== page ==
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Health Benefits of Red Grape Juice (vs Red Wine)

Is Grape Juice Healthier Than Wine?

Red wine is often praised in the media for its purported health benefits. But turns out, you don't necessarily have to drink alcohol to benefit from the health-boosting properties of red wine polyphenols: Grape juice made from red, purple, or other dark-skinned grapes contains those very same polyphenols! Furthermore, grape juice does not contain alcohol, which may provide some added benefits. But can we go as far as to claim that purple or red grape juice is healthier than red wine? Here's a comparison of some of the most interesting health effects of grape juice versus red wine:

Red Wine is Good for Your Heart – But Grape Juice May Be Better!

By now everyone has heard that drinking red wine in moderation is good for your heart. But guess what, juice made from purple or red grapes contains the same polyphenols that are responsible for the heart health protecting qualities of red wine. Indeed, a study published in the June 2001 issue of the journal Circulation analyzed the effects of purple grape juice on cardiovascular health and reported that purple grape juice decreased platelet aggregation, increased platelet-derived nitric oxide release, and decreased superoxide production, both in vitro and in vivo. All of these observations suggest that drinking purple grape juice may help protect cardiovascular health.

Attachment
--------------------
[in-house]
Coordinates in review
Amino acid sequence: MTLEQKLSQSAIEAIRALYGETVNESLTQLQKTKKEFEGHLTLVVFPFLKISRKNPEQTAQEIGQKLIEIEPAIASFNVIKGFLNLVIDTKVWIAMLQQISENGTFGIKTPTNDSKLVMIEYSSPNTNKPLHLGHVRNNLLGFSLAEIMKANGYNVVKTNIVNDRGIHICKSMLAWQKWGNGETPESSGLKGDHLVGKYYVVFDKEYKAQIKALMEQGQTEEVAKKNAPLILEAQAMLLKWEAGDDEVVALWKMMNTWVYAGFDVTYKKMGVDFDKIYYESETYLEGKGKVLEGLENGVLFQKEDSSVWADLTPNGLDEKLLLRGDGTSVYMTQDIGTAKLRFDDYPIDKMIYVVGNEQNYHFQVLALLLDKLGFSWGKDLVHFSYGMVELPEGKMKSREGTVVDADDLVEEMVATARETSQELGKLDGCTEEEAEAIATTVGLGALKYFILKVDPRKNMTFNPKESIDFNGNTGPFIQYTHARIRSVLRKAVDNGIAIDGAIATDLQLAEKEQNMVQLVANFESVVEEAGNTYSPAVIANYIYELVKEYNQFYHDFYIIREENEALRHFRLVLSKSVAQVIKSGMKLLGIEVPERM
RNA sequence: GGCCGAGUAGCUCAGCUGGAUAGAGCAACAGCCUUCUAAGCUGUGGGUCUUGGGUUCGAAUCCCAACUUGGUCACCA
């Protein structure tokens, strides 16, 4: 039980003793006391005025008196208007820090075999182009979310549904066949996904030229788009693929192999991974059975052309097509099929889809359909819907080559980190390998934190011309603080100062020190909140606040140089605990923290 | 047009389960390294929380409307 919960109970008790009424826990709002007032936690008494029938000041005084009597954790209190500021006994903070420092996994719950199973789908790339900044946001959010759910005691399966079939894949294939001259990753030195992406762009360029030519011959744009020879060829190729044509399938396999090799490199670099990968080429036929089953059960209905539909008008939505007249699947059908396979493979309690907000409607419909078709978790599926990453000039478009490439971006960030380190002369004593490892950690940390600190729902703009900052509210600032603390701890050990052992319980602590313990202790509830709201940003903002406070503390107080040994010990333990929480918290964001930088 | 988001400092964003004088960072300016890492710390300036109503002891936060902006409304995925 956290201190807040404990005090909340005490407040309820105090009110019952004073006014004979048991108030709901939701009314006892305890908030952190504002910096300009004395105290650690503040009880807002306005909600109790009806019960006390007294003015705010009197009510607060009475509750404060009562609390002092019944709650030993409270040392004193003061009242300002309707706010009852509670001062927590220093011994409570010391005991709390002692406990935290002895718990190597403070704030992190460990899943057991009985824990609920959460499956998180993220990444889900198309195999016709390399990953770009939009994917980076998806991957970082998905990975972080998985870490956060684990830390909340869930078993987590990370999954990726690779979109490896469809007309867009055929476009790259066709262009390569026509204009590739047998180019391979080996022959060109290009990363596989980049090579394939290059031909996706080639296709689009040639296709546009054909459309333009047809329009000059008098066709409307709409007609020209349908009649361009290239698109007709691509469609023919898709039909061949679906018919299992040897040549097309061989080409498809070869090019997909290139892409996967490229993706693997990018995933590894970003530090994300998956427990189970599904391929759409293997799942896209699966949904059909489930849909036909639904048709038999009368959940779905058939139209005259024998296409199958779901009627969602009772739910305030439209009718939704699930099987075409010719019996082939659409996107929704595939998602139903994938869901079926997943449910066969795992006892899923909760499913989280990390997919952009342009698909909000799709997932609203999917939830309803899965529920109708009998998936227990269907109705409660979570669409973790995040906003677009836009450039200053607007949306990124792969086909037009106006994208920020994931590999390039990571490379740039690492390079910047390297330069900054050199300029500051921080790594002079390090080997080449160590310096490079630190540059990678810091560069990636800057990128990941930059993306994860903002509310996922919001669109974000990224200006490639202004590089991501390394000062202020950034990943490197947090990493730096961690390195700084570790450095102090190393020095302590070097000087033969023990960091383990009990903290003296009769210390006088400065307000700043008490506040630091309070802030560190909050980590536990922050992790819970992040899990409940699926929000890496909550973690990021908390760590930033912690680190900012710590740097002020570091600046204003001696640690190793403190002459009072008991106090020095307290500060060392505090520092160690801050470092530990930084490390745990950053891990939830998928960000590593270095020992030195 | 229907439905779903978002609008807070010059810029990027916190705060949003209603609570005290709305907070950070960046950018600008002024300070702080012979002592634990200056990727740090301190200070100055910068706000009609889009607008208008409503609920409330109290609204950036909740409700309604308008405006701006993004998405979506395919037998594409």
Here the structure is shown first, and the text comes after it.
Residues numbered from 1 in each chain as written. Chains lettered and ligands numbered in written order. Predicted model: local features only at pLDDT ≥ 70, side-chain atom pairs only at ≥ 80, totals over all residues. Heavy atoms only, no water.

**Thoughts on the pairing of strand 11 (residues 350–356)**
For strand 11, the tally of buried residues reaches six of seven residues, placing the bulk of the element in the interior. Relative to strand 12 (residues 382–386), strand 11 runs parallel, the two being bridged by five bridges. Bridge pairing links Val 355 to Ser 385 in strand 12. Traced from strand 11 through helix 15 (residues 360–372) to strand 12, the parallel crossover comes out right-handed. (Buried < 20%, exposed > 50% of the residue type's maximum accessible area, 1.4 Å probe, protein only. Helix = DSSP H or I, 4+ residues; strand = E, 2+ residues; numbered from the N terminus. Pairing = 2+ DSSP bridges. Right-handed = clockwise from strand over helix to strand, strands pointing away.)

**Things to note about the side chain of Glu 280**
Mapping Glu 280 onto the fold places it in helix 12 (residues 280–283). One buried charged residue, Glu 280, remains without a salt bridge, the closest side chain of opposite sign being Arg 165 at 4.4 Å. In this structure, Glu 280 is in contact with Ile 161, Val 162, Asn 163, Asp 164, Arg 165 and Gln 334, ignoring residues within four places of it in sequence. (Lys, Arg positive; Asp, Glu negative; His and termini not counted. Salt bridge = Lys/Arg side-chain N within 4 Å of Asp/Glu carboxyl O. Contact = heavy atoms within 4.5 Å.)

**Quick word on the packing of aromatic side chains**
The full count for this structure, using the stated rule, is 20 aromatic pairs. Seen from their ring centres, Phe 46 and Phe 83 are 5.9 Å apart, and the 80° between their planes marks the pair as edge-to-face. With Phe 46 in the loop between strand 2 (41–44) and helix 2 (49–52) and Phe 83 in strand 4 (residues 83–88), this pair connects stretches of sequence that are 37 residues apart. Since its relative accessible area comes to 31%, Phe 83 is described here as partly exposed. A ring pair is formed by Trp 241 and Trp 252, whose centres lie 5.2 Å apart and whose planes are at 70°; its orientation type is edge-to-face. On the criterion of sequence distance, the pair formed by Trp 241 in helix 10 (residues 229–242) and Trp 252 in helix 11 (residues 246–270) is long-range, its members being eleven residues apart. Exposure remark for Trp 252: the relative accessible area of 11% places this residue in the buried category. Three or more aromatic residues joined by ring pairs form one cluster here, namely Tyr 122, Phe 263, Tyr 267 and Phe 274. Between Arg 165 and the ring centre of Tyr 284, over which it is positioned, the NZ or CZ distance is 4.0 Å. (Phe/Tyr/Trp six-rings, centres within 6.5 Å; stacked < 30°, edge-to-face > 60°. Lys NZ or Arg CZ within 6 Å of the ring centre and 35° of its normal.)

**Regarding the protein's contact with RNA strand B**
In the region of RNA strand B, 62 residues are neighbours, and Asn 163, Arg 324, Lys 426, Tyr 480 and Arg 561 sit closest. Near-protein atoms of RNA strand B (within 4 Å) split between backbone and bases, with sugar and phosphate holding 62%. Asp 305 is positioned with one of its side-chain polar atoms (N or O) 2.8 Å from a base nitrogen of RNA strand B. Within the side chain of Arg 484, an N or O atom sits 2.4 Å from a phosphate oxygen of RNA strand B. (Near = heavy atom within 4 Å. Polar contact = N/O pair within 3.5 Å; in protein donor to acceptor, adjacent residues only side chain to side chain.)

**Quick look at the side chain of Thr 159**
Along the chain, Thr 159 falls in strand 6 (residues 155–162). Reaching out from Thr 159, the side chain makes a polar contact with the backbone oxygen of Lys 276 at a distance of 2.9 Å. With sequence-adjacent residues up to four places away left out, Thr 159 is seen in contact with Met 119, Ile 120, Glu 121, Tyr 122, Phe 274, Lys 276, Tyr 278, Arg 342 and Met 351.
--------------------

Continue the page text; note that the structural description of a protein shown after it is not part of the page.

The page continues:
Now, that's great, but guess what – there's more! A study published in the May 2001 issue of the journal Atherosclerosis found that red grape juice was much better than red wine and dealcoholized red wine at the same polyphenol dose at inhibiting atherosclerosis (hardening of the arteries) and at improving lipid and antioxidant parameters in hamsters.

Resveratrol from Grapes, But Not From Wine, Associated with a Reduced Breast Cancer Risk

Red grapes, along with grape juice and red wine, are excellent dietary sources of resveratrol, a phytochemical that has been shown to possess strong antioxidant and anti-cancer properties in test tube experiments (in vitro studies). However, the source of resveratrol may play a significant role in whether this powerful compound can exert its beneficial effects also in vivo.

In one study, a group of scientists analyzed the relation between breast cancer risk and dietary intake of resveratrol in Switzerland. They based their analysis on data from a larger case-control study conducted between 1993 and 2003 on 369 cases and 602 controls. Their findings, which were reported in the April 2005 issue of the European Journal of Cancer Prevention, were interesting: resveratrol from grapes, but not from wine, was associated with a reduced risk of breast cancer.

And it gets worse: some studies have even associated wine consumption with an increased risk of breast cancer. That association, however, remains highly controversial, and further studies are needed to determine whether red wine can really increase breast cancer risk.

Red Wine Has More Calories Than Grape Juice

If you're trying to lose weight, think twice before indulging in a glass of wine. Alcohol contains 7 calories per gram, which is almost as many calories as in a gram of fat. Grape juice, by contrast, is made almost entirely of carbohydrates (which contain 4 calories per gram) and water (which contains no calories). As a result, an 8-ounce glass of red wine weighs in at about 200 calories, whereas a glass of grape juice only contains about 150 calories.

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